The date on her birth record is the 23 July 1920. Given the doubts regarding the exact day, the artist adopted the 1 July as her birthday for the rest of her life.
Following her birthday and after having stayed for a short while in the capital looking for a better living, her parents returned to Fundão and left their daughter, then aged fourteen months, with her grandparents.
When she was six, her grandparents moved to the district of Alcântara, where Amália lived until she was 19 – first with her grandparents, then with her parents. She stopped her studies after finishing primary school because she needed to work to support her family. She was an apprentice seamstress and embroiderer and a worker at a chocolate and candy factory. Later on, together with her sister Celeste, she peddled fruit in the streets of the Alcântara pier and earned a percentage of the sales.
She showed her love for singing at a very early stage and in 1935 she was appointed soloist to sing “Fado Alcântara” on the occasion of the Popular Saints festivities, along with the Marcha Popular of her district.
In 1938 Amália had an audition for the “Spring Contest”, in which each Lisbon district presented a competing candidate. The prize to be awarded that year was Queen of Fado. Amália did not participate in the contest but there she met Francisco da Cruz, an amateur Portuguese guitar player whom she married in 1940. The marriage did not last long, although they only divorced in 1949. She married again in Brazil in 1961, to César Henrique de Seabra Rangel, her husband until his death in 1997.
Meanwhile, she continued to sing at parties and nightly feasts under the name Amália Rebordão. In 1938 the press published her first photograph and a very flattering story (Guitarra de Portugal, 10 August 1938). She only adopted the artistic name Amália Rodrigues later on, at the suggestion of Filipe Pinto, then artistic director of Solar da Alegria.
Santos Moreira encouraged her to have an audition at Retiro da Severa and she made her professional debut in 1939. She performed at this venue for six months and then moved to Solar da Alegria and Café Mondego. She had such smashing success that she soon became the main star of the cast. Due to José Melo, she began to sing at Café Luso and was paid like no other fado singer before her. At that time Amália was no longer performing on a daily basis, only singing four times a month and being paid for each performance.
As from 1941 her performances became increasingly rarer, although she could be heard singing in the city of Lisbon until the early 1950’s. She performed at Cervejaria Luso and Esplanada Luso, in 1941; at Casablanca, Pavilhão Português and Retiro dos Marialvas, in 1942; at Casablanca, Retiro dos Marialvas and Café Latino, in 1943; at Café Luso, in 1944 and from 1947 to 1950; at the Casino Estoril, in 1949 and 1950, and at the Comboio das Seis e Meia, a vaudeville show recorded at Teatro Politeama and then broadcasted on the radio, in 1950.
From the early 1950s onwards Amália Rodrigues toured abroad for long periods and her performances in Portugal were therefore limited to a few annual shows, like the Grande Noite do Fado, Natal dos Hospitais, the Casino Estoril Reveillon and other feasts and festivals, many of them charity shows.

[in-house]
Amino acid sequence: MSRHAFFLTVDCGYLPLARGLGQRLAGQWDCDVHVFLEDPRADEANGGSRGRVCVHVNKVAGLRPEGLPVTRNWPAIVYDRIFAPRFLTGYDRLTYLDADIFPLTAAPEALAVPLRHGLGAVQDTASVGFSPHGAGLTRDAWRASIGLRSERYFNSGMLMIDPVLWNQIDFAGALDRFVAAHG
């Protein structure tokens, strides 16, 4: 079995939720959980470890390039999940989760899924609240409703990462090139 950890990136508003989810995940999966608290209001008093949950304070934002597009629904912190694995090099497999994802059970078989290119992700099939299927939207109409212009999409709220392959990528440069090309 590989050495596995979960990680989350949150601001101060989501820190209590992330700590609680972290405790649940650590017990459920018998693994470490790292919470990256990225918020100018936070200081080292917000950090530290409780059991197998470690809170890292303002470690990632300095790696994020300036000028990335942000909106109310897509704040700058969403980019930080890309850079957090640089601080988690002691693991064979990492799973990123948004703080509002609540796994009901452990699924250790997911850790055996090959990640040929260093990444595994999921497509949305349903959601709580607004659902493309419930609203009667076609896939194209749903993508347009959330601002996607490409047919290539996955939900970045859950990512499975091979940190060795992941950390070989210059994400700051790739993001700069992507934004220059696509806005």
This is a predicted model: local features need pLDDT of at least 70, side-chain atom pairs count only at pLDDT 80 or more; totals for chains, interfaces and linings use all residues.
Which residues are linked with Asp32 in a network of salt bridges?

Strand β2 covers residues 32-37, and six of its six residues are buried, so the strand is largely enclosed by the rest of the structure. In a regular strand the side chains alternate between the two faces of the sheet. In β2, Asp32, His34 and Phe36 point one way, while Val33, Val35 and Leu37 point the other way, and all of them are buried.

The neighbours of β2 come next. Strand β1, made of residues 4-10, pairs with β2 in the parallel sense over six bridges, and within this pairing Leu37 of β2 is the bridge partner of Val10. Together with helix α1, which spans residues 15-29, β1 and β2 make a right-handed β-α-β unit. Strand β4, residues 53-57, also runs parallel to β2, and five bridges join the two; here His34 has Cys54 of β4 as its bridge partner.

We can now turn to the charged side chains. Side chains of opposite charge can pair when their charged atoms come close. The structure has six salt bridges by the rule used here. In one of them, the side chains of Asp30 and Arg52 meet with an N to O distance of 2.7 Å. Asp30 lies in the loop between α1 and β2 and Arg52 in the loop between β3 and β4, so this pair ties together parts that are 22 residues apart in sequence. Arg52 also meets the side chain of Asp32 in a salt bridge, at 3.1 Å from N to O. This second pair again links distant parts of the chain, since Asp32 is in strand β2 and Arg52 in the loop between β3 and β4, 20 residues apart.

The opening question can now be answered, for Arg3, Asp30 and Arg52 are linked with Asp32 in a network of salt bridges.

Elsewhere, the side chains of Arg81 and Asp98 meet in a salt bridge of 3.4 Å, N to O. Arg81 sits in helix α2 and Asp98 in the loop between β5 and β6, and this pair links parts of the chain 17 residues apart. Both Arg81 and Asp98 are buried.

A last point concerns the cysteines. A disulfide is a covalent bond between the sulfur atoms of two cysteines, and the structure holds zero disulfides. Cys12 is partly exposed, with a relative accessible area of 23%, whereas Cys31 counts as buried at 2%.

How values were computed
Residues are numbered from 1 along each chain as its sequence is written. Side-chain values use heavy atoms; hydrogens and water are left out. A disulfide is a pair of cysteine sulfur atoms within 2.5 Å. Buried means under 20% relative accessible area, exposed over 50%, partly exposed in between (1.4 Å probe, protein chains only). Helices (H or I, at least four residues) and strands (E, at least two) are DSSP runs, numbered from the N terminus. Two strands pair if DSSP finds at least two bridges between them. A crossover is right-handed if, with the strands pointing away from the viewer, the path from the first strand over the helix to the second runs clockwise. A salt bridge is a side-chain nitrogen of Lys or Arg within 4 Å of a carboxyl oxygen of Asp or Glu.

Her first solo concert in Portugal took place on the 19 April 1985, at Lisbon’s Coliseu dos Recreios – then repeated at the Porto Coliseu one week later, on the 26 April.
She travelled abroad for the first time in 1943, to perform at a gala party held by the Portuguese ambassador in Madrid, Pedro Teotónio Pereira. She was accompanied by singer Júlio Proença and musicians Armandinho and Santos Moreira. In 1944 she travelled to Brazil and performed at Casino de Copacabana, Teatro João Caetano and Rádio Globo. She returned to Brazil in 1945 and stayed there until February 1946. During her stay, she did her first recordings – i.e. eight 78-rpm editions for Continental record house.
Amália travelled a lot and she frequently performed abroad during her long career, in the five continents. Amália Rodrigues, therefore, enjoyed an exceptional status, marked by a career filled with success and tours all over the world – not restricted to shows targeted at the Portuguese migrant communities.
In 1949, at the invitation of António Ferro, she performed in Paris and London. In 1950 she travelled to Madeira and abroad to participated in a series of shows sponsored by the Marshall Plan, in Berlin, Rome, Trieste, Dublin, Bern and Paris. In 1952 she performed in New York City for the first time, at La Vie en Rose, for 14 weeks in a row. In 1953 she sang at Ciudad de México and returned to New York City for participation in Eddie Fisher’s show. This was the first time a Portuguese artist appeared on US television.
In 1956, on the invitation of the impresario of the Olympia de Paris, Bruno Coquatrix, she had a smashing success at this concert hall. Then she performed at Côte d’ Azur, Belgium, Algeria, Rio de Janeiro and Ciudad de México.
In 1957 she returned to Olympia, accompanied by musicians Domingos Camarinha (Portuguese guitar) and Santos Moreira (Spanish guitar). She had other shows at this hall in 1959 and 1960. In 1957 she also performed in Côte d’ Azur, Stockholm, Lausanne and Caracas.
Amália Rodrigues returned to Brazil with many shows in 1960 and 1961. In 1963 she sang “Foi Deus” at Saint Francis’ church on the occasion of the anniversary of Lebanon’s independence. In the 1960’s she performed in Tunes, Algiers, Sidi Abbes, Brussels and Athens. She participated in the Festival of Edinburgh and performed in various cities in Israel, at the I International Music Festival of Brasov, in Leningrad, Moscow, Tiflis, Erevan and Baku, among other cities and countries.
In 1970 she travelled to Japan for the first time, where she returned in 1976, 1986 and 1990. In 1972 she performed in Australia. During the 1970s and the 1980’s she kept her performing tours in several countries.
In 1989 she had a performance recorded for Spanish television, in the context of a show presented by Sara Montiel. Also in 1989, she celebrated the 50th anniversary of professional activity with a great tour to Spain, France, Switzerland, Portugal, Israel, India, Macao, Korea, Japan, Belgium, USA and Italy. During such tour, she had her eighth performance at the Olympia de Paris.
The performances of Amália Rodrigues can also be seen in the theatre and in cinema, as well as heard in innumerable recordings on disc.